Hitting the Links Plays Four Quarters
While places like East Lansing and Minneapolis have thrived with continuity, Urban Meyer's staff has been a revolving door.
The rule involves offensive linemen being allowed downfield to block during passing plays. This has been regarded as one of the least followed rules in football, to the point that offensive coordinators abuse it to try and confuse defensive players. If the rule change goes through, linemen would only be allowed downfield a yard past the line of scrimmage before a pass is thrown. Presumably, this would be in conjunction with an increased emphasis on throwing a flag for linemen downfield. This will have a big impact on a defense's ability to diagnose run or pass plays.
Thomas Brown returns to his alma mater at UGA. UW has a likely replacement lined up for that position in John Settle.
Phair lacks any exerience coordinating a defense or recruiting, but he brings NFL and defensive line experience to the Illini.
This move fits for both sides. On the one hand, Beckman needed to find an unheralded but well qualified coach, who would jump at an opportunity to take a larger role in a program. And on the flip side, the college coaching ranks are built more on relationships and stability, while NFL coaches are more nomadic. The risk of Tim Beckman losing his job would have dissuaded someone like Craig Kuligowski, but that would be less of a factor for someone like Phair.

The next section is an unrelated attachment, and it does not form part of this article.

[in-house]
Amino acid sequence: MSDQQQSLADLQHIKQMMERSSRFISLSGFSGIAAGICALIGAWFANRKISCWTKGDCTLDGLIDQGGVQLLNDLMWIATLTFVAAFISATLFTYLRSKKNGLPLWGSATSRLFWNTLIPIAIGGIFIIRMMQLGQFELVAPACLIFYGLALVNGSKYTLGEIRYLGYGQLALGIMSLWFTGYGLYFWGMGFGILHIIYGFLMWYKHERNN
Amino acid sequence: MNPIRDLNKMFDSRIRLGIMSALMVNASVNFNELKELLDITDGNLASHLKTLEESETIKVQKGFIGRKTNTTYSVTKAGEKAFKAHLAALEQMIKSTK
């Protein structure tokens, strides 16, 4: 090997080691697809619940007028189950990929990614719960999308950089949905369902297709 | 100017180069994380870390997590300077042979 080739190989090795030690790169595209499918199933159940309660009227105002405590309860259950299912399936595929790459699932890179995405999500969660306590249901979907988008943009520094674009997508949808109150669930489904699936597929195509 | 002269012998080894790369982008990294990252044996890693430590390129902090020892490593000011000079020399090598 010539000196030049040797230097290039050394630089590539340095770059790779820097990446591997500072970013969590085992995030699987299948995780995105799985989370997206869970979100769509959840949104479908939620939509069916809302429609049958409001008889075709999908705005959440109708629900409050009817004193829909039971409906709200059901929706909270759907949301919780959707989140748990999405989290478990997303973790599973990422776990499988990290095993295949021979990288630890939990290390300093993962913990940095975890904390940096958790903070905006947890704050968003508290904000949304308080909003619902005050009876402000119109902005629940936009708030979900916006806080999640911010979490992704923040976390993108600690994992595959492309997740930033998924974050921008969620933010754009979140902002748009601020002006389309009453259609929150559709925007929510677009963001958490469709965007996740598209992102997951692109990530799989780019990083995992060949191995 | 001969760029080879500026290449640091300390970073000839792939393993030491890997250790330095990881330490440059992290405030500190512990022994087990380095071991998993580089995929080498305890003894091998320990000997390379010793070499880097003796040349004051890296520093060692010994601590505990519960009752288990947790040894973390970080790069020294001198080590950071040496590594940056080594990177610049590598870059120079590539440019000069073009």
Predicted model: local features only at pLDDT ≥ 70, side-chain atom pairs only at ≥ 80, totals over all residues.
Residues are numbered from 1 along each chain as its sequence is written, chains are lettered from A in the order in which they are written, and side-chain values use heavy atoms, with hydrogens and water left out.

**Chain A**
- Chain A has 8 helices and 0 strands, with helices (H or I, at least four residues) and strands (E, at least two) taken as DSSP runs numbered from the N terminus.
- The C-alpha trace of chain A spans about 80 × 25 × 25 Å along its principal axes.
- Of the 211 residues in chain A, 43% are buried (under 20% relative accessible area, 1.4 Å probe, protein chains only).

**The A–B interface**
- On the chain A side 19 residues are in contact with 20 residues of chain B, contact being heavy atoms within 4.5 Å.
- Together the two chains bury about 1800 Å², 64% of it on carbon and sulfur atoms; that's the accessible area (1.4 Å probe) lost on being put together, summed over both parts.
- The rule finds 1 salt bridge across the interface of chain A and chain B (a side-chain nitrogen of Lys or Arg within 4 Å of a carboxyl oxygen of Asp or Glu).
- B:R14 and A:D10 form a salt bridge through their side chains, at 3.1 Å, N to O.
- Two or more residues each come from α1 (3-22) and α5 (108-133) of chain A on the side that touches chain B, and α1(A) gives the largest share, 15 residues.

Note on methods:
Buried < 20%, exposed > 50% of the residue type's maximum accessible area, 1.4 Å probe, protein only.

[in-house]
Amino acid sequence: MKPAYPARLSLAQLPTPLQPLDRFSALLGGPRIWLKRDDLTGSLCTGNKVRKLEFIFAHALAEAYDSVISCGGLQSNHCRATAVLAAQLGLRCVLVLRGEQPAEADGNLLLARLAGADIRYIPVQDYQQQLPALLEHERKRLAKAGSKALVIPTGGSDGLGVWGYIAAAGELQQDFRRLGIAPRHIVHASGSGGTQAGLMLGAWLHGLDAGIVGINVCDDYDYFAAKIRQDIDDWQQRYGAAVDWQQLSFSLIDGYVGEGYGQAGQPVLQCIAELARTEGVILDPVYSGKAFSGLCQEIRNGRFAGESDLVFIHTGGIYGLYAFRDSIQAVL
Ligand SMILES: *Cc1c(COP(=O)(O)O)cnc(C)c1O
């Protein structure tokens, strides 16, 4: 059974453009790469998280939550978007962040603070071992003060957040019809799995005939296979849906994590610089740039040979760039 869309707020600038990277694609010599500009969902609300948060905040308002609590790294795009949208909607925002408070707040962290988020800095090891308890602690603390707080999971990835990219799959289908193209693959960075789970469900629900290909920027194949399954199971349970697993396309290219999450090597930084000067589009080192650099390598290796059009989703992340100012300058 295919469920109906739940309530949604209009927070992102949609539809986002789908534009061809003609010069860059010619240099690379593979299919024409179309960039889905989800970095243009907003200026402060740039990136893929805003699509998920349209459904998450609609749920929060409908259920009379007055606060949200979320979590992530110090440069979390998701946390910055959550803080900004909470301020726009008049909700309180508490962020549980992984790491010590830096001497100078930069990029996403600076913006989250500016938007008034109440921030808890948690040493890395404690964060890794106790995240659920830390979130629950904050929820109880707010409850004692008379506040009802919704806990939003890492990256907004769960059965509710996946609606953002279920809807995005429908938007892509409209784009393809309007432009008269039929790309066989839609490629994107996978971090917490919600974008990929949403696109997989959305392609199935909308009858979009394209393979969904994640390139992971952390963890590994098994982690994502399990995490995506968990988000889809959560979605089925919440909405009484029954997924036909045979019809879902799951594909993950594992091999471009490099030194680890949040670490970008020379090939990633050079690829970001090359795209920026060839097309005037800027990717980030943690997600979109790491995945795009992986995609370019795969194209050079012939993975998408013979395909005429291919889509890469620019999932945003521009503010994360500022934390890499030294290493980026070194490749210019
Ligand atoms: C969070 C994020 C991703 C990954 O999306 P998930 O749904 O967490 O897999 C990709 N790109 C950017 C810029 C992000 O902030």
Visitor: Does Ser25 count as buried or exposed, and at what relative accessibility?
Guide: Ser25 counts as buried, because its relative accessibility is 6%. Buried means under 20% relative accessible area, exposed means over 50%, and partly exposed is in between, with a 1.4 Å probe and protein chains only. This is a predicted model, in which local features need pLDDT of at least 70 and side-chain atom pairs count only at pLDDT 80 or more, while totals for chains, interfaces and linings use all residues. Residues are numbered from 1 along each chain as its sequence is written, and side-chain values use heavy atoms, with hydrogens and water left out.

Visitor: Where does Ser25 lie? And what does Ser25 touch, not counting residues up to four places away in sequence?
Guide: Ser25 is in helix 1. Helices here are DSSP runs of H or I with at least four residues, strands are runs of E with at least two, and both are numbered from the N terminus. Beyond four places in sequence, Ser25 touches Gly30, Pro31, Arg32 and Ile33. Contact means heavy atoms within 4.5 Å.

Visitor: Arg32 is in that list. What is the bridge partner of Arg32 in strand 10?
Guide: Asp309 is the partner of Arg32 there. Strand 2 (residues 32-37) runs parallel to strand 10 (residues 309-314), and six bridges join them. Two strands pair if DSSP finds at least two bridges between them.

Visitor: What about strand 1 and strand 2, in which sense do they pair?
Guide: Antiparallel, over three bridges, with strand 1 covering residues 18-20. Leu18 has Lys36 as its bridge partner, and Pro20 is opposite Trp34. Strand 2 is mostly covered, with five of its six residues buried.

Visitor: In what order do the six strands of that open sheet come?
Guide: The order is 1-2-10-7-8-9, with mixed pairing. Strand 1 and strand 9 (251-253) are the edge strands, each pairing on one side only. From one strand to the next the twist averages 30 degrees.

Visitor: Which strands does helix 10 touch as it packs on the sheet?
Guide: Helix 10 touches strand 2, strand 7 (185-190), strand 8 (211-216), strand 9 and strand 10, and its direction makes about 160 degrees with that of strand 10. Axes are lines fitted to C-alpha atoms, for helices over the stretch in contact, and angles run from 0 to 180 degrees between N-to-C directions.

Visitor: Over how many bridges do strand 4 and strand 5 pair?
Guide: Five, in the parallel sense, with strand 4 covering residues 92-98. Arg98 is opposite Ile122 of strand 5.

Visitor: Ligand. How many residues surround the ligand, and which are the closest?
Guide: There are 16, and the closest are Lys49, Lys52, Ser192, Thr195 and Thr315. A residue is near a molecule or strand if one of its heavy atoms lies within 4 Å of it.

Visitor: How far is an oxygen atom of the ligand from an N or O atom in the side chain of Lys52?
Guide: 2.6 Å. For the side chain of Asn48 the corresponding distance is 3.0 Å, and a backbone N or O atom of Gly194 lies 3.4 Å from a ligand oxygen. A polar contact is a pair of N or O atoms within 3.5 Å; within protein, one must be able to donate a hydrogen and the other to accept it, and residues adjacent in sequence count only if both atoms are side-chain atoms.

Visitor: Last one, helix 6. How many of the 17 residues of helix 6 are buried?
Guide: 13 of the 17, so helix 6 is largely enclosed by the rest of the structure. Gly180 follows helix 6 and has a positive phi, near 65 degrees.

Beckman will be able to ease Phair into his role, and Phair will have a chance to make his mark on a defense that needs some better position coaching and more toughness.
Ferentz is doing something at least, but it's fair to question if this is going to have any positive impact at all.
North Carolina is staking a claim to the Coastal Division, pulling in some intriguing coaching talent as well as a recruiting class that was 25% comprised of four-star athletes. The gem is high-four-star defensive end Jalen Dalton.
Nebraska's coach Mike Riley also spoke out about coaching turnover after Signing Day, which has been a popular discussion of late.
A good and important list for 2015.
This proved to be an important part of the season and especially the Big 12's season, as the champion of this conference can't claim a championship game win over a respected opponent. There are a few matchups with Big Ten teams - most notably TCU/Minnesota - but Baylor could use a matchup with Michigan, Indiana, or Iowa. Their non-conference schedule is terrible.
The first year for a head coach is always the most difficult, which makes the first sentence of this article so incredible - "Since 2010, Kansas has had as many head coaches as Big 12 conference wins." Beaty has his work cut out stabilizing the Jayhawks.
This was a well-written piece on Georgia's new offensive coordinator.
Fun fact: Kevin Steele was Clemson's coordinator for the infamous 70-33 drubbing at the hands of West Virginia in 2011.
Samaje ran for 1,713 yards as a true freshman, but he's not the most accomplished OU running back in the last ten years. Oklahoma's Adrian Peterson ran for 1,925 as a freshman in 2004, and DeMarco Murray put up almost 3,700 yards before succeeding in the NFL.
Days Since Michigan Beat Ohio State